They also have a recreational property in the U.S. with a estimated value of C $80k. They don't rent it and want to keep it, so sale is not part of this analysis. They make no private savings in RRSPs and at this stage of their lives dramatic increases in their current investments would require them to take substantial risk. The couple is relying on their defined benefit indexed pensions, but they worry that the pensions may not cover their retirement needs. This video has failed, but we apologize. Please don't hesitate to upload the video
Tap here to see more videos from our team. couple considers pension commuting their friends, but managing money comes with big risks.
Family Finance asked Derek Moran, leader of Smarter Financial Planning Ltd. in Kelowna, B.C. To work with Gus and Jane. To raise cash, they consider commuting Jane Rent, that is, converting income to capital. Their goal is pension income of $120,000 a year before tax. As we will see, they can get that without taking on the risk of converting DB pensions to their own management via commutation.
The pros and cons of commutation Definition benefit pensions are contracts to pay defined sums in future. The money behind the payments belongs to a government entity. It is possible to commute the defined DB pension to the amount of capital needed to generate expected pension income flows for estimated numbers of years. The math is complex: interest rate changes require actuarial work and with some money going into registered plans and some not, there are tax considerations, too. Mortality also enters in the calculation. A DB pension pays for life, which requires a sequence of payments that can be difficult to duplicate with private investments. If they get cash to manage, they may get more out of their pension capital than the DB pensions will pay. However, they carry all risk of gain or loss.
Mouran advises that if you want to leave alone, you should really leave your partner alone. The plans are, after all, professionally managed and will never run out of money. The downside of the plans is that if they build up RRSPs before retirement the payouts will be on top of pension income and perhaps in higher tax brackets. What you can now save on RRSP contributions could be considerably taken back by future taxes. The couple should instead focus on debt. They have only one thing left in their house: $130,000 of what they owe to the bank. They can take $30,000 from $35,000 of existing cash and put it on mortgage, shortening payments by 20 months or less if rates rise when the loans are renewed and paying total interest they will pay. If they keep $1,500 monthly payments, they can have it paid off in about six years, give or take if their mortgage loan is due for renewal in 2025. If they add $74,000 from TFSAs, reducing the balance to $26,000, they could be mortgage free in 18 months. They would be sacrificing tax-free investments to pay off a low interest loan, which is not ideal, but it would make them to zero debt faster.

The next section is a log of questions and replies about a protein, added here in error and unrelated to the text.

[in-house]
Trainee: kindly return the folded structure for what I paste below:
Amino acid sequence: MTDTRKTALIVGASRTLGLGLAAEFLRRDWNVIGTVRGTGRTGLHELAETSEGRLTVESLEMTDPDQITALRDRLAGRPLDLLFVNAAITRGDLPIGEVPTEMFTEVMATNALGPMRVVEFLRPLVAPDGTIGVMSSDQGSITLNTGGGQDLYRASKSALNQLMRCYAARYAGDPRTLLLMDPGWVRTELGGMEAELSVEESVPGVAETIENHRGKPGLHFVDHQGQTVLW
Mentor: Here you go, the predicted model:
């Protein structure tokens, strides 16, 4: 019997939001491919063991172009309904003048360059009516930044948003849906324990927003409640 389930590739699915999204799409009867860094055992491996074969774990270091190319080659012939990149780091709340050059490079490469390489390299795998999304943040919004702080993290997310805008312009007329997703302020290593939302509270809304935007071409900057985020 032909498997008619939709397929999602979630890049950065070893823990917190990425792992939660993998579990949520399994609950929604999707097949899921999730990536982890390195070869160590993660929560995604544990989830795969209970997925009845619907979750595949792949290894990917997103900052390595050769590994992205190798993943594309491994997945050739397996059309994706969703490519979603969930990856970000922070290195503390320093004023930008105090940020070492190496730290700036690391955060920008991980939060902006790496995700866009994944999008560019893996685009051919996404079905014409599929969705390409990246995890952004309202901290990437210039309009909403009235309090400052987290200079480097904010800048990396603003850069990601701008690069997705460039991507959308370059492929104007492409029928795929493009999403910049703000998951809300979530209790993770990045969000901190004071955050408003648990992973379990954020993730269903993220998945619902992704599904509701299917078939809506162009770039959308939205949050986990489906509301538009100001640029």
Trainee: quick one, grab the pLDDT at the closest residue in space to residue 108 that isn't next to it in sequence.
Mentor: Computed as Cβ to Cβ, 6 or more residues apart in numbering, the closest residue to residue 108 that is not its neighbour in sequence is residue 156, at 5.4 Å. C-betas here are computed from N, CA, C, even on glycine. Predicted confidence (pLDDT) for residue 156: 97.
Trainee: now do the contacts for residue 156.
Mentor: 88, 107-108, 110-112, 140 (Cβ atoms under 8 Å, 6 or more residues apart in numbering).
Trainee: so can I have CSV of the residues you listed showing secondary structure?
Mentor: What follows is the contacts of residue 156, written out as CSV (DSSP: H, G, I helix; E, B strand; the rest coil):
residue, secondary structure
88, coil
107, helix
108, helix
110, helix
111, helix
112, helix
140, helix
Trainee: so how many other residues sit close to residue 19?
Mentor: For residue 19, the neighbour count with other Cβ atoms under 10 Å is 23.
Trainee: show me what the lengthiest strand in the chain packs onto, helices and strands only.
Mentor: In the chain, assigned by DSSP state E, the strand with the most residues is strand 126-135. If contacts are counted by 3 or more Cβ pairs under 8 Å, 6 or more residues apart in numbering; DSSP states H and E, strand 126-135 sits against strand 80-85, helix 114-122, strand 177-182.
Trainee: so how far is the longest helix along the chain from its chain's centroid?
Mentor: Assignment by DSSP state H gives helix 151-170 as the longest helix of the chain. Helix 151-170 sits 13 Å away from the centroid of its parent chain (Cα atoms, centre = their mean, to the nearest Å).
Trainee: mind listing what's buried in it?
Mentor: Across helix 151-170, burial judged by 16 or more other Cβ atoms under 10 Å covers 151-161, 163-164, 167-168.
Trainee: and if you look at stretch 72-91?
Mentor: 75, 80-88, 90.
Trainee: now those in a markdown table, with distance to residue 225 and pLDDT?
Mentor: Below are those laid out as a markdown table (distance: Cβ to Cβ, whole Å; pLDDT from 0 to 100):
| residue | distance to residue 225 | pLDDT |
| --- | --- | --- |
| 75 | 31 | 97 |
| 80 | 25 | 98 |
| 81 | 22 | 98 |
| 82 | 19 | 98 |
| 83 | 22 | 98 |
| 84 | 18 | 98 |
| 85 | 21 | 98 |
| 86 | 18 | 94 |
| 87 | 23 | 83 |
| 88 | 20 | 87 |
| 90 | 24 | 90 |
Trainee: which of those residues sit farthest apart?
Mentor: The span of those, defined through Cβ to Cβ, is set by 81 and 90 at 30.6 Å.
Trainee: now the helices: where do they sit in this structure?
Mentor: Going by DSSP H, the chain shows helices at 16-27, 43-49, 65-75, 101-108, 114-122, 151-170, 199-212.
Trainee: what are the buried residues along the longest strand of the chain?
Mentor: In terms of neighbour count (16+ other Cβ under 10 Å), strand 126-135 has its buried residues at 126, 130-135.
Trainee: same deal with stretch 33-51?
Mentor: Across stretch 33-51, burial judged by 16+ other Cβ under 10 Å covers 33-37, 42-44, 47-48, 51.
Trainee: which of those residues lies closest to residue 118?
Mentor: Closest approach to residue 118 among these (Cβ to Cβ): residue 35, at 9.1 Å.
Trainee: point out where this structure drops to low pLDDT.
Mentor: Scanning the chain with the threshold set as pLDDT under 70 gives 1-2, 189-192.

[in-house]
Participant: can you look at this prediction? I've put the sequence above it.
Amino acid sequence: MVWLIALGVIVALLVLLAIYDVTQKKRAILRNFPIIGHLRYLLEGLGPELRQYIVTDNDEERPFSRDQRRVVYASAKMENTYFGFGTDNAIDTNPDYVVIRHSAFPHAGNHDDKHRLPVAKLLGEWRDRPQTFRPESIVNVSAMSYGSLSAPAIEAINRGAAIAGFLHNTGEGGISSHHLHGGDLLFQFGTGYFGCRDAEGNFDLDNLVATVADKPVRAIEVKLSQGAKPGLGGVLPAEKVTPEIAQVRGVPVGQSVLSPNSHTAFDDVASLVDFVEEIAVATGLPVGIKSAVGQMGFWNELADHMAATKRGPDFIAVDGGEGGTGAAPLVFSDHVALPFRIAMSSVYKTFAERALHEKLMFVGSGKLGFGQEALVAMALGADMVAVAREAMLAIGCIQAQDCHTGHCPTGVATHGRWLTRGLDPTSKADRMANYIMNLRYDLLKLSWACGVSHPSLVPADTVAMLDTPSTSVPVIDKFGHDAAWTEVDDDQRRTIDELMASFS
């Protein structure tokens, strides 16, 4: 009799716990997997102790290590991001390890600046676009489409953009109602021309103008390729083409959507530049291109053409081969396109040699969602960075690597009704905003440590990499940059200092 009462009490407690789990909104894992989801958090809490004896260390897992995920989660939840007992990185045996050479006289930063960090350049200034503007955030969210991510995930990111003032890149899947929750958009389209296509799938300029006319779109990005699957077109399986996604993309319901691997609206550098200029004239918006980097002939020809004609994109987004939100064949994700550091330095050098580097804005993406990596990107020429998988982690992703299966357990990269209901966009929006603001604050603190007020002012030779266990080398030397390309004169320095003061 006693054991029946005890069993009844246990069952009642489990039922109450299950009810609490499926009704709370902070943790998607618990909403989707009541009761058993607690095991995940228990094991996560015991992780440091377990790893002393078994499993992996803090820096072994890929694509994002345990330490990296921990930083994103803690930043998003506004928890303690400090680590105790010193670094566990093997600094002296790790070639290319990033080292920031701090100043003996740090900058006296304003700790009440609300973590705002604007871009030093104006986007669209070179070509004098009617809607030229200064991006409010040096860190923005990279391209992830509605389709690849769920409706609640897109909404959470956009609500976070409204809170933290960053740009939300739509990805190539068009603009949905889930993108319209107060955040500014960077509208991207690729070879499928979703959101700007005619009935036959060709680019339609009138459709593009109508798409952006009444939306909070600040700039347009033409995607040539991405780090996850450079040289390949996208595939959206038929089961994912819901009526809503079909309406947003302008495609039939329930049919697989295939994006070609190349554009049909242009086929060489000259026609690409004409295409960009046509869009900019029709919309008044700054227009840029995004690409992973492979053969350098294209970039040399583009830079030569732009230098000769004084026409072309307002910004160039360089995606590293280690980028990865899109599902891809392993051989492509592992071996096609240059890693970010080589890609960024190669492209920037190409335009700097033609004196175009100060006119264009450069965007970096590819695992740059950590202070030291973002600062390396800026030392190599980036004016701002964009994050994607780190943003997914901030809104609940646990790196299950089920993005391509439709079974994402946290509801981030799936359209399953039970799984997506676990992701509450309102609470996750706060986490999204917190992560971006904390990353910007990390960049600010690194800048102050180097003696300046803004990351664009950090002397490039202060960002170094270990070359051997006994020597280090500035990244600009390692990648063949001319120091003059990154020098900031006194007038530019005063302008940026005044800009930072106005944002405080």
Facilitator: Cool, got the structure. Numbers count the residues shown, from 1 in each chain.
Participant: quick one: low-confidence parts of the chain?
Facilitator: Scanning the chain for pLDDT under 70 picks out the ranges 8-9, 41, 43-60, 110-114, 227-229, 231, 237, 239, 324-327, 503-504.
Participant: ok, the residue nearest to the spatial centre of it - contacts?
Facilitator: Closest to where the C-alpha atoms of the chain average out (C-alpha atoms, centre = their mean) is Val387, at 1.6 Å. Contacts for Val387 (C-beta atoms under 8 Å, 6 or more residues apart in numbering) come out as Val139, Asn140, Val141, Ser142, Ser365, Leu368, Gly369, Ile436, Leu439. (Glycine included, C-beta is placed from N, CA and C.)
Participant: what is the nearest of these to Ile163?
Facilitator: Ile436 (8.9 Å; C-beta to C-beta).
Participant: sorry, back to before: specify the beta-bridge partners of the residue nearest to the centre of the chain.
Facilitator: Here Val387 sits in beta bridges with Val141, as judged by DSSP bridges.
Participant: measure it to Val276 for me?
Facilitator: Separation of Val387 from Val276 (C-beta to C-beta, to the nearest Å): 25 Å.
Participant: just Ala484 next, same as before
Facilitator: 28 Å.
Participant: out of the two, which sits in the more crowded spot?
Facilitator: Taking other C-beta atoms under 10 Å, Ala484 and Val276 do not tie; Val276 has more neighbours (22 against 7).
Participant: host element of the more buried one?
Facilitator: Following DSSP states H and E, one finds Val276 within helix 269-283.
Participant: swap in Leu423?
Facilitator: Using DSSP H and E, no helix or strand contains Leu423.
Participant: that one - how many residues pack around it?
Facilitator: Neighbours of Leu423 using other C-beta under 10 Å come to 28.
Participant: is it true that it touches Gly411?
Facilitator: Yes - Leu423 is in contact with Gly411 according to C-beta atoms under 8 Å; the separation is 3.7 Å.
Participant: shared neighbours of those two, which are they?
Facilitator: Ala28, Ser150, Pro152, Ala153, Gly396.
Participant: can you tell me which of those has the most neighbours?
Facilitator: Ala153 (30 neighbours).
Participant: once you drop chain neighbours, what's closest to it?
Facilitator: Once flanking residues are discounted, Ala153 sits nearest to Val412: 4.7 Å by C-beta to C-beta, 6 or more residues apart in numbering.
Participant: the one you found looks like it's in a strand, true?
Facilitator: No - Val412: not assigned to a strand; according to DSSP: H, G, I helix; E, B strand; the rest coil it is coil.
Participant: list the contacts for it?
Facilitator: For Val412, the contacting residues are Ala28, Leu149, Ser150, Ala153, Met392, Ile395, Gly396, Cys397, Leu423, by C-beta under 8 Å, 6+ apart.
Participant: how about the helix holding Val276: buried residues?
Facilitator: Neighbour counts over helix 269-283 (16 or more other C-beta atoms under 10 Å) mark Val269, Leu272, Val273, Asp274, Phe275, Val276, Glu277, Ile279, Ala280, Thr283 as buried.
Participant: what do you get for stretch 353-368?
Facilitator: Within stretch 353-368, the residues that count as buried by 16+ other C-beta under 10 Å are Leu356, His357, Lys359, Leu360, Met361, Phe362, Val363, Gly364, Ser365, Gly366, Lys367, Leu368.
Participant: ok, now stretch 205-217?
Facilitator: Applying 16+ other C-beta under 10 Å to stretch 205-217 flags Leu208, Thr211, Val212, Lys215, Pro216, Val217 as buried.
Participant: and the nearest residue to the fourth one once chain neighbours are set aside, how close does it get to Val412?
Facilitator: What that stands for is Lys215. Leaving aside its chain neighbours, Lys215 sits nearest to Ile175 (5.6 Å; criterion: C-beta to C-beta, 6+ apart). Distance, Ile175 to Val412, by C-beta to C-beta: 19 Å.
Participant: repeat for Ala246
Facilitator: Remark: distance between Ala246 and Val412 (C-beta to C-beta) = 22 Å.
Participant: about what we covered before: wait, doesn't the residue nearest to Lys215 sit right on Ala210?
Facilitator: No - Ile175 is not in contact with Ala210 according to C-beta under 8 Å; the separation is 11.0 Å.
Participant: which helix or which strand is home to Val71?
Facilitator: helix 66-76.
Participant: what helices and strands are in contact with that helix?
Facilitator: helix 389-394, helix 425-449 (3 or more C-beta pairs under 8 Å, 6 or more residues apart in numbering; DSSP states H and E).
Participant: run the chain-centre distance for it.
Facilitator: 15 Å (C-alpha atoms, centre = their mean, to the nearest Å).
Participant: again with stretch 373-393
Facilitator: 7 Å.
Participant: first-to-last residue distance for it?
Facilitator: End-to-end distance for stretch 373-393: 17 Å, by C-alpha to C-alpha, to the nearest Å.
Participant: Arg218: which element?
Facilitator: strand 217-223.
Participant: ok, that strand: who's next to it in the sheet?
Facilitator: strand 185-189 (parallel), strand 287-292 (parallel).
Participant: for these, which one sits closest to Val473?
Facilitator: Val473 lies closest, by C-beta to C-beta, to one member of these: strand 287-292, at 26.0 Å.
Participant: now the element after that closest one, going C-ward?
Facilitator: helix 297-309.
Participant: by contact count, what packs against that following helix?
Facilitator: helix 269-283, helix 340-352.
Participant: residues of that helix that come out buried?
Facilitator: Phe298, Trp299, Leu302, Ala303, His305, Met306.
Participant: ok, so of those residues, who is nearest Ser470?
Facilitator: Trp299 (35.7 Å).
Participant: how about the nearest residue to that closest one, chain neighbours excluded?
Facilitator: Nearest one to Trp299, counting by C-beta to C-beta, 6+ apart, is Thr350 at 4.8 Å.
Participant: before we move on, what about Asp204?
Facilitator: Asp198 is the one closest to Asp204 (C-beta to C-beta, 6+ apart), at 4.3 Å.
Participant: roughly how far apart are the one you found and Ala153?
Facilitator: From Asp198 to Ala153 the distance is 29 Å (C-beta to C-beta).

With the mortgage relegated to history, the $1,500 per month they have been paying would be theirs to keep. Eliminate $200 for life insurance they might not need, add $500 for car replacement and increase present travel expenditure of $1,000 per month to $2,500, and their current monthly spending would drop slightly to about $7,000/month. That is $84,000 per year after tax or an estimated $100,000 before tax if incomes are split. Gus can retire at age 55 in 2015 with an index pension of $64,940 including a $21,160 bridge to 65. Jane will be able to have a $58,500 pension including a $100,500 bridge to 65 but can't collect it until age 55. Neither would be old enough to qualify for benefits of Canada Pension Plan or Old Age Security (the CASP) program. Commutation to achieve the combined pension flows of $123,440 implies a capital value of $4.1 million generating 3 per cent above tax on every year.
If they could get this sum, pay tax due and put the balance in locked-in RSPs, they would each be able to get $48,000 to $49,000 from capital after tax. In a growing number of years, however, it becomes doubtful that the guaranteed-for-life income stream of a DB pension can be replaced, Moran cautions. Rather than commute pensions, they could close the gap by spending some of their $256,000 in RRSPs for 6 years until Jane can draw her pension. Looking ahead, Jane has to wait to 55 to start pension. We assume that a draw of $50,000 per year for six years empties their RRSPs including six years growth. At 65, his bridge will end and OAS and CPP will start flowing. Their income will consist of $91,780 combined base pensions and Jane's $10,500 bridge, his $12,756 estimated PPO retirement and his $7,518 OAS benefit for total income of $122,554.
When both are 65, they will have $91,780 base pensions, no bridges, two OAS benefits of an estimated $12,756 each total $25,512 and two CPP benefits of $7,518 each for total pre-tax income of $132,328 each. That was over $120,000 pre-tax goal. If this income was split by allowing age and pension credit, they would pay tax at an 18 per cent average rate and have $108,500 to spend after tax. That is $9,040 per month, far ahead of present spending of $7,110 per month. With $1,500 monthly mortgage payments repealed, they would have additional income to travel, a new car fund, or donation to good causes. Their retirement is financially sound, however their lack of substantial personal assets are a limitation. Retirement stars: Four retirement stars out of five.